Opening hours: 6:00am to 3:30pm (Monday to Friday); 7:30am to 3:00pm (Saturday, Sunday)
As you discover Parramatta with your loved ones, especially if you have feisty little ones in tow, make time to rest and recharge at a family-friendly cafe. For parents travelling with children, the ParraParents guide is a godsend. Bookmark the site for ideas on what to do in Parramatta, and find out which are the best eateries, play spaces, and parks to enjoy in and around the Parramatta district.
The Bells Road Social, which opened in December last year, has already won rave reviews from the parent crowd. Scoring high on aesthetics—industrial chic decor with plenty of natural light streaming in—the cafe performs even better on the quality of its coffee, food, and service. Their beans are supplied by the family-run Morgan’s Coffee Roasters, while their menus are dictated by the seasons and incorporate locally sourced produce where possible. The clincher: parents can bask in the sunshine and fresh air with their children at the nearby Fred Robertson Park playground, and have their orders brought over from the cafe, along with picnic mats. With your tanks replenished, take a child-safe walk through the refreshing Vineyard Creek Reserve, also in the vicinity.
Also popular with parents is Social Hideout for its relaxed vibes, outdoor seating, and most important, great coffee and food. The cafe was set up by two friends who wanted customers to have a superb brunch experience while feeling right at home—in other words, the perfect place to “hide out.” Social Hideout’s coffee of choice is the socially responsible Campos Coffee, and its breakfast is highly recommended by The Urban List.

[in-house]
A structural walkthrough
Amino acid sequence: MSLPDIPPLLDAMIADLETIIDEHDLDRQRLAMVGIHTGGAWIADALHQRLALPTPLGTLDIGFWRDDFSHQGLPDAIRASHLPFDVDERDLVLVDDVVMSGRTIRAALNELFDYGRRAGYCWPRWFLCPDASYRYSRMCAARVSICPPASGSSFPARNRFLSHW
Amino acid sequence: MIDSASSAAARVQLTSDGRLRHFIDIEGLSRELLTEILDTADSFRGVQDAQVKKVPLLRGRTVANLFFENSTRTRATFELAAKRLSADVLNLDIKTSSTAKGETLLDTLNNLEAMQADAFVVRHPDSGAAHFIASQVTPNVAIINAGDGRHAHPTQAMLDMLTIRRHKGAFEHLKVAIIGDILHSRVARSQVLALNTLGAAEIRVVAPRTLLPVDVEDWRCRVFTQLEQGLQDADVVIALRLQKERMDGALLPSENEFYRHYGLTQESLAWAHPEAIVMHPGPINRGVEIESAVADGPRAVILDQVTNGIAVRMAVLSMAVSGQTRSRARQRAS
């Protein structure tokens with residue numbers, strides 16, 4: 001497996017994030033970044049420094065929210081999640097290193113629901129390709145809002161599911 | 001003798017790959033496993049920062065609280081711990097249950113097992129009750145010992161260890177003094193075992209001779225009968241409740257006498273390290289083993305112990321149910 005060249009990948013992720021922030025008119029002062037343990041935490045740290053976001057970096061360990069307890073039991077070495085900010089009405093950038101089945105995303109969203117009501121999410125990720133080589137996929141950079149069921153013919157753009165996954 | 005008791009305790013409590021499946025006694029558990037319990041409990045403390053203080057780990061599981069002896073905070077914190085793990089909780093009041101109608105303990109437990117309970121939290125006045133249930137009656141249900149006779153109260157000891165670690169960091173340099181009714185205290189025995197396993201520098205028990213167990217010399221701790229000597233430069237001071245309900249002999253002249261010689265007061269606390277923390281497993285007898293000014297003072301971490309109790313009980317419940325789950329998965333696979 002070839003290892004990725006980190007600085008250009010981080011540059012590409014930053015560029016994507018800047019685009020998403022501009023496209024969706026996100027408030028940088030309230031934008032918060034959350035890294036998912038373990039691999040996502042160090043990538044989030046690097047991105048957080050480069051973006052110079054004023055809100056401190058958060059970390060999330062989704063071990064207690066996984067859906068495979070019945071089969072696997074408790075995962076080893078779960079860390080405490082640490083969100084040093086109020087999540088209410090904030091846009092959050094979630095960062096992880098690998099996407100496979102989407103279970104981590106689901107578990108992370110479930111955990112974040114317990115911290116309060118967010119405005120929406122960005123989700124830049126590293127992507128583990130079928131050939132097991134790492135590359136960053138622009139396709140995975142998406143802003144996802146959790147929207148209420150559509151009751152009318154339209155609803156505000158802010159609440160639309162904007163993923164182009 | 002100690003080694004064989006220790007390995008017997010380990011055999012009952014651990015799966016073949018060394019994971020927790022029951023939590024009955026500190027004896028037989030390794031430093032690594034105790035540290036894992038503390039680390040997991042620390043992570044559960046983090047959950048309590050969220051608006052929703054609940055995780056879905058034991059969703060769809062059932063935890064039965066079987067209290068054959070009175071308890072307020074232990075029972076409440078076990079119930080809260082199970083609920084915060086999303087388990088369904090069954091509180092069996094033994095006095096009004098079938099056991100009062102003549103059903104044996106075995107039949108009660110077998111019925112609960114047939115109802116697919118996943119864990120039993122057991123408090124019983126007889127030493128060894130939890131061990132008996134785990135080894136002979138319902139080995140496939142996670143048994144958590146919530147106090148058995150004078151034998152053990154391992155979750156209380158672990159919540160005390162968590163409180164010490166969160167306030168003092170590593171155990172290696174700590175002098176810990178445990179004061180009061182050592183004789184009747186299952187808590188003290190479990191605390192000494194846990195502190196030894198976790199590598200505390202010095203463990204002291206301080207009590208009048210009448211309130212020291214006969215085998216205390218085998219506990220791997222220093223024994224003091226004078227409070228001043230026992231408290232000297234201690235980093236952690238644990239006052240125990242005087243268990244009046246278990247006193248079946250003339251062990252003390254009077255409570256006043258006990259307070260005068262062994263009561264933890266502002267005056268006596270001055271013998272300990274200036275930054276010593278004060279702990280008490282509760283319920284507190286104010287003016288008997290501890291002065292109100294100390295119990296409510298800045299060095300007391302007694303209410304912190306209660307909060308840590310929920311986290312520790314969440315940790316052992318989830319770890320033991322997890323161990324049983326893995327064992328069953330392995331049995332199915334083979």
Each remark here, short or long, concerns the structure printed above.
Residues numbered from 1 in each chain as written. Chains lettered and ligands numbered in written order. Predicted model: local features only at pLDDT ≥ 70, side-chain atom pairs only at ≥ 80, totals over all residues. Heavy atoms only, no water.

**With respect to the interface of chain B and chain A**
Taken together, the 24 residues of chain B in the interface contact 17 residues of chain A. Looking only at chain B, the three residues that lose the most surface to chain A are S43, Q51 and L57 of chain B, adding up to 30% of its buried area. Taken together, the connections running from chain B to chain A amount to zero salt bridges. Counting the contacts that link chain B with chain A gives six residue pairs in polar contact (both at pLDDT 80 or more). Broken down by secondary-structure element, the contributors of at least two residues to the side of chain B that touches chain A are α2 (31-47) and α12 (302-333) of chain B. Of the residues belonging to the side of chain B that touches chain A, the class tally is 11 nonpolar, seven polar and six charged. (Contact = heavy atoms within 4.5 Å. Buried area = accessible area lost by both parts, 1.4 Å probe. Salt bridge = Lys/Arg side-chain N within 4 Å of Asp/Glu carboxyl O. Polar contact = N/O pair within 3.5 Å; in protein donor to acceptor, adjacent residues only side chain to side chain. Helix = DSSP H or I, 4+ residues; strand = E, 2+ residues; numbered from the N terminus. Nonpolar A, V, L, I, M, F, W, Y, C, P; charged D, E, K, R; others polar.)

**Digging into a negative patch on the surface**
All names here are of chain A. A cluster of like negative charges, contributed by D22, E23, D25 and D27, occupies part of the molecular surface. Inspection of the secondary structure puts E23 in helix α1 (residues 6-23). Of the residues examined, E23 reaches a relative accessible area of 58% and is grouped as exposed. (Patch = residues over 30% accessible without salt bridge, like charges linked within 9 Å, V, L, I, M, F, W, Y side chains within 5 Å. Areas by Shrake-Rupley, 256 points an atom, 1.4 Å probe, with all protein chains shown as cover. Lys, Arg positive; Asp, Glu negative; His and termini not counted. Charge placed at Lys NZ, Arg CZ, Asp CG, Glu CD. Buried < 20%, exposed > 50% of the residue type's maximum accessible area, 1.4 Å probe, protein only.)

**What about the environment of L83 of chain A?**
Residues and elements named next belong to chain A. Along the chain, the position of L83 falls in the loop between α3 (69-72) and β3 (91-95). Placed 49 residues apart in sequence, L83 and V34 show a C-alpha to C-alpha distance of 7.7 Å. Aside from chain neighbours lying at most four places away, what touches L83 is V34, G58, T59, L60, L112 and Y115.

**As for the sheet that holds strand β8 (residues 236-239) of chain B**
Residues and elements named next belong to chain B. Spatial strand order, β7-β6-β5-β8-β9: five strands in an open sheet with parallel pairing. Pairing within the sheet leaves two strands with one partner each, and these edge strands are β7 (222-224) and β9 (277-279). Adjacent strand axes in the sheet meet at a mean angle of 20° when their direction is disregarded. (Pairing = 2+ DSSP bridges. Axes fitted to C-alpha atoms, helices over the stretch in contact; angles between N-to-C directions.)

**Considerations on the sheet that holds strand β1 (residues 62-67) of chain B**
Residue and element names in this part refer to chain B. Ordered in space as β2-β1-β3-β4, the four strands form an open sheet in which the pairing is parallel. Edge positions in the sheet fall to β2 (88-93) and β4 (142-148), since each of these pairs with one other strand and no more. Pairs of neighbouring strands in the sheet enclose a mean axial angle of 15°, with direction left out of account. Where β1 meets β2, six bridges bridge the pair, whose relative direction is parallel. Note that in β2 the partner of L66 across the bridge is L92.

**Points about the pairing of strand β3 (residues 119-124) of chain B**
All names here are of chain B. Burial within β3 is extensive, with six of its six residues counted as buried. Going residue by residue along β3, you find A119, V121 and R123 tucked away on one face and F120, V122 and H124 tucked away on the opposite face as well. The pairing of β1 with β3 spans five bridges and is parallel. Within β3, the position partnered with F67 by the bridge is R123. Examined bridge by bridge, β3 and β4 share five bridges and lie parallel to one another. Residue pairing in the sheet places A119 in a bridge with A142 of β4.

Get directions to The Bells Road Social
Get directions to Social Hideout
Darcy Street Project
Address: City Center Carpark Shop 4, 4/71 George Street, Parramatta NSW 2150, Australia
Phone: +61 1300 824 324
Opening hours: 7:00am to 12:30pm (Monday to Friday); 8:00am to 12:00pm (Saturday); closed on Sundays.
Here’s a statistic to digest: in Australia alone, about three billion takeaway cups and lids are disposed of every year—most are only used once. To help cut waste, Australian cafe owners who care about the environment and conscious consumption have joined forces under the Responsible Cafes banner. For starters, they are offering small discounts for customers who bring their own mugs.
To be part of this green movement, use the Responsible Cafes search bar to locate an environmentally friendly cafe near you, or refer to this list by ParraParents. A participating cafe is The Bells Road Social (see above), which offers a $0.30 discount on your drinks if you bring a mug.
Another “responsible cafe” worth visiting is Darcy Street Project, which will give you a $0.50 discount if you bring your own mug. Here’s why you should visit them: by choosing their coffee, you will help to fund initiatives that change the lives of people who need a boost. The social enterprise and espresso bar runs training programmes for youth-at-risk, Aboriginal Australians, refugees, the homeless, and aged workers, so that they may one day find fulfilling work in the cafe or a hospitality environment.
Get directions to Darcy Street Project